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Underused pneumococcal, flu shots save lives in LTC
CDC study shows broad protective effect
Though somewhat reluctant to trumpet the findings, the Centers for Disease Control and Prevention (CDC) has unveiled the first study demonstrating the significant protective effect of individual pneumococcal vaccination on hospitalization among nursing home residents.
The study also confirmed the important roleof individual influenza vaccination in preventing hospitalization in this population and suggests that residing in a facility with a high influenza vaccination rate independently reduces the risk of hospitalization. Programs to increase pneumococcal and influenza vaccination among nursing home residents should be encouraged, the CDC concluded.1
John Jernigan, MD, medical epidemiologist in the CDC division of healthcare quality promotion, presented the findings recently in Philadelphia at the annual conference of the Society for Healthcare Epidemiology of America (SHEA). However, Jernigan was noncommittal when asked whether the apparently encouraging findings warrant a reemphasis of existing guidelines to immunize more residents.
"The guidelines already exist for vaccinating this population," he told Hospital Infection Control. "We think these data add to the supporting evidence. A better understanding of what the barriers to vaccination are is important. Perhaps these data could help [determine] whether there may be systems problems in place."
However, in presenting the paper at SHEA, Jernigan cited the politically charged term "patient safety" as among the public health implications. The study found that for influenza in particular, even nonimmunized nursing home residents are protected if 80% of the other residents have been vaccinated.
"Nursing home residents who receive pneumococcal and/or influenza vaccination are at significantly reduced risk of hospitalization," Jernigan told SHEA attendees. "The public health implications of this study are that failure to vaccinate residents of long-term care facilities is a patient safety issue; a better understanding of barriers to vaccination in this setting is needed, and wider implementation of standing orders [for vaccination are needed]."
Describing the scope of the problem, Jernigan said there currently are 1.6 million residents living in 17,000 long-term care facilities in the United States. "Influenza and pneumonia are a major source of morbidity and mortality in these settings," he said. "The incidence of invasive pneumococcal disease is approximately four times higher among long-term care facility residents compared to other older adults in the community. About 90% of influenza-related deaths occur among the elderly. Yet both influenza and pneumococcal vaccination rates remain low among residents of nursing homes."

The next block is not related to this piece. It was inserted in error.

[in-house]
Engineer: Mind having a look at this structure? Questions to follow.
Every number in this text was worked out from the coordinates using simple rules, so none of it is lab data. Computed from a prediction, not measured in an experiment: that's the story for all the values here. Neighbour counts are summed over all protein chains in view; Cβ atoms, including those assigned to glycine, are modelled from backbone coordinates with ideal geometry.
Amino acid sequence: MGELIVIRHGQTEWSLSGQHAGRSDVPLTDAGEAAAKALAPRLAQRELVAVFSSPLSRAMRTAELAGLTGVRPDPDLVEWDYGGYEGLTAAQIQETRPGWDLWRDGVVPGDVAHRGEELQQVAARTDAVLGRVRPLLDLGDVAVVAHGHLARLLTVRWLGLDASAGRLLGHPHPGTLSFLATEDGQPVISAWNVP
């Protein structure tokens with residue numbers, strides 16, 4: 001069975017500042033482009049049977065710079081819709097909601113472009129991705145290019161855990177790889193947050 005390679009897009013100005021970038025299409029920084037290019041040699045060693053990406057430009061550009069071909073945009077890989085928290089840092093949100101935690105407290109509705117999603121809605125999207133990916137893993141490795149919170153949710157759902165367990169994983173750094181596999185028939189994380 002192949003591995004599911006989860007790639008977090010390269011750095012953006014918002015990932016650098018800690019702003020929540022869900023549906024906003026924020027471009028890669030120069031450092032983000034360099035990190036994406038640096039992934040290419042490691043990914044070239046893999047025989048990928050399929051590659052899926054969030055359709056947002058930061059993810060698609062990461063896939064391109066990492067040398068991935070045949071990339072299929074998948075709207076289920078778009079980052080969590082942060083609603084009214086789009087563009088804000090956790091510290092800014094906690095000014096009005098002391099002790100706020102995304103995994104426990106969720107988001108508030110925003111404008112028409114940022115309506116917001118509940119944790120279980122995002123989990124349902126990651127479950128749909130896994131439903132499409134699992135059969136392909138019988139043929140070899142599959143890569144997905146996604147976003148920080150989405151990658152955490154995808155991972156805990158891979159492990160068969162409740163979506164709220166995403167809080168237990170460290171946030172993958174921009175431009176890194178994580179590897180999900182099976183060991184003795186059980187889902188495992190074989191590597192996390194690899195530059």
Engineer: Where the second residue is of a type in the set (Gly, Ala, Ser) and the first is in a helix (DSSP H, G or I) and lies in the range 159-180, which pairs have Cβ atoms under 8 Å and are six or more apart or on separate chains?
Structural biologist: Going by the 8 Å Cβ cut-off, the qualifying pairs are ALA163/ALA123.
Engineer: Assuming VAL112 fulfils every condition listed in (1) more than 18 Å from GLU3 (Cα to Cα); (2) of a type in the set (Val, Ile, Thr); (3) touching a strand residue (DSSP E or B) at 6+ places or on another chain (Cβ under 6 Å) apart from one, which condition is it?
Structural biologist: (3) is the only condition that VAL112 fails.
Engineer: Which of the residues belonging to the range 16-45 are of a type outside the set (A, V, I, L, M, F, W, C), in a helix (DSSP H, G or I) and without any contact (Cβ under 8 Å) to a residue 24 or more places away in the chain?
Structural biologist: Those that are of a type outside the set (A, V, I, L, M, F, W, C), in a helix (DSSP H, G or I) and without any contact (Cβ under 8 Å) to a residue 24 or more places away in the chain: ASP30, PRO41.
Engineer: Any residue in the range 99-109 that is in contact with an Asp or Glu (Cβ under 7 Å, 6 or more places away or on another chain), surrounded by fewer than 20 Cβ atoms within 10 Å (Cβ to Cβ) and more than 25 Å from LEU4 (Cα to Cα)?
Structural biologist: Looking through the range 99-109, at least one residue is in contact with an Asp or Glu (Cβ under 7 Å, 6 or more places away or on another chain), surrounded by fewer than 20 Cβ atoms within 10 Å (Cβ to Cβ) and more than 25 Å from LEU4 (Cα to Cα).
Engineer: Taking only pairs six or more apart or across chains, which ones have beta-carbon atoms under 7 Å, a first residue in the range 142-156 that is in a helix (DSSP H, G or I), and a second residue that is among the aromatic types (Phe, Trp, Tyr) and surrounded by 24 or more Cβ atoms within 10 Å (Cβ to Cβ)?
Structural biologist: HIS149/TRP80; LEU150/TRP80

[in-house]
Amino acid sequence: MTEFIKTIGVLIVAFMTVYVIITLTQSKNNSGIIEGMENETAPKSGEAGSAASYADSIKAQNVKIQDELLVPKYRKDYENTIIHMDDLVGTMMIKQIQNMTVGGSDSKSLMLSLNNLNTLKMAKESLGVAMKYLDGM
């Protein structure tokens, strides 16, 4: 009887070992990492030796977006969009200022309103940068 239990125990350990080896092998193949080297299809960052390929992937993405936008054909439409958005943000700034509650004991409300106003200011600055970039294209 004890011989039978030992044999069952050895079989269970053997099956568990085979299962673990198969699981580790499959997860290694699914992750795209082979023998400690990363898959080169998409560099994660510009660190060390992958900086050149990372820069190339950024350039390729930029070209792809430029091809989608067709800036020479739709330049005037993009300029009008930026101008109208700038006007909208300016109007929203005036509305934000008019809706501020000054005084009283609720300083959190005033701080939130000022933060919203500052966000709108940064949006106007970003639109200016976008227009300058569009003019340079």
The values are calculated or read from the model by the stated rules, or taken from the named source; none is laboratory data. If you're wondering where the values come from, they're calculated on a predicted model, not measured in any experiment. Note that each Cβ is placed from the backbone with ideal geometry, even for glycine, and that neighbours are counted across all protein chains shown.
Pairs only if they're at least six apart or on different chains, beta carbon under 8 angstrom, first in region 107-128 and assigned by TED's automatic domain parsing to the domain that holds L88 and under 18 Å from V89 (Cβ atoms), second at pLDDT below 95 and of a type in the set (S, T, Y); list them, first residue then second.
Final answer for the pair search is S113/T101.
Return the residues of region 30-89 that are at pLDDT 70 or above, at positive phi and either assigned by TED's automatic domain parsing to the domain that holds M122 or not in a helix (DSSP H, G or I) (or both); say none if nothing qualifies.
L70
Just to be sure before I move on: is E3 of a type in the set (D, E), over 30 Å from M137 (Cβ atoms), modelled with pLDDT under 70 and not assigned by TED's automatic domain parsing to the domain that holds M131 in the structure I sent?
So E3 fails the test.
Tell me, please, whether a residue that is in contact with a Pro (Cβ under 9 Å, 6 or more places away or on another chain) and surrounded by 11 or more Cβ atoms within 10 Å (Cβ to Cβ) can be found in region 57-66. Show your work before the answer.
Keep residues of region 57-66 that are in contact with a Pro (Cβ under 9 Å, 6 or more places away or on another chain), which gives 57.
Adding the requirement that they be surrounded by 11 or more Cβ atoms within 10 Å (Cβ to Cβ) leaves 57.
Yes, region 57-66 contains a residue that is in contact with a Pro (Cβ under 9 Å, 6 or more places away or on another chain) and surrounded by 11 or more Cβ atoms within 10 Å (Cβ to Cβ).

Although there is good evidence of the efficacy of influenza vaccine to reduce respiratory illness, hospitalization, and pneumonia, there is conflicting evidence regarding the efficacy of polysaccharide pneumococcal vaccine among older adults, he said. Studies that exclusively examine the impact of the vaccine on long-term care residents are rare, usually small, and lack statistical power.
Jernigan and colleagues conducted a retrospective cohort study to examine the impact of pneumococcal and influenza vaccination on risk of hospitalization among nursing home residents during two recent influenza seasons.1 Individual pneumococcal and influenza vaccination status was assessed for 2000-2001 and 2001-2002 cohorts randomly selected from 277 nursing homes in 14 states.
Of the 18,397 residents in the 2000-2001 cohort, 6,534 (35.5%) and 5,058 (29.2%) were hospitalized respectively during the influenza seasons. In both cohorts, about 40% received pneumococcal vaccination and 60% received influenza vaccination. In the first cohort, receipt of pneumococcal vaccination was independently associated with reduced risk of all-cause hospitalization and hospitalization for respiratory illness.
Influenza vaccination also was protective against all-cause hospitalization and hospitalization for respiratory illness. In addition, residing in a facility where at least 80% of residents received influenza vaccination was independently associated with a reduced risk of all-cause hospitalization. However, such independent facilitywide protection was not found for the pneumococcal vaccine. Similar results were obtained for the second cohort.
"Both individual influenza and pneumococcal vaccination were independently protective in both study years," Jernigan said.
1. Kazakova SK, Curtis A, Bratzle D, et al. Impact of pneumococcal and influenza vaccination on the risk of hospitalization among nursing home residents Abstract 64. Presented at the Society for Healthcare Epidemiology of America annual conference. Philadelphia; April 2004.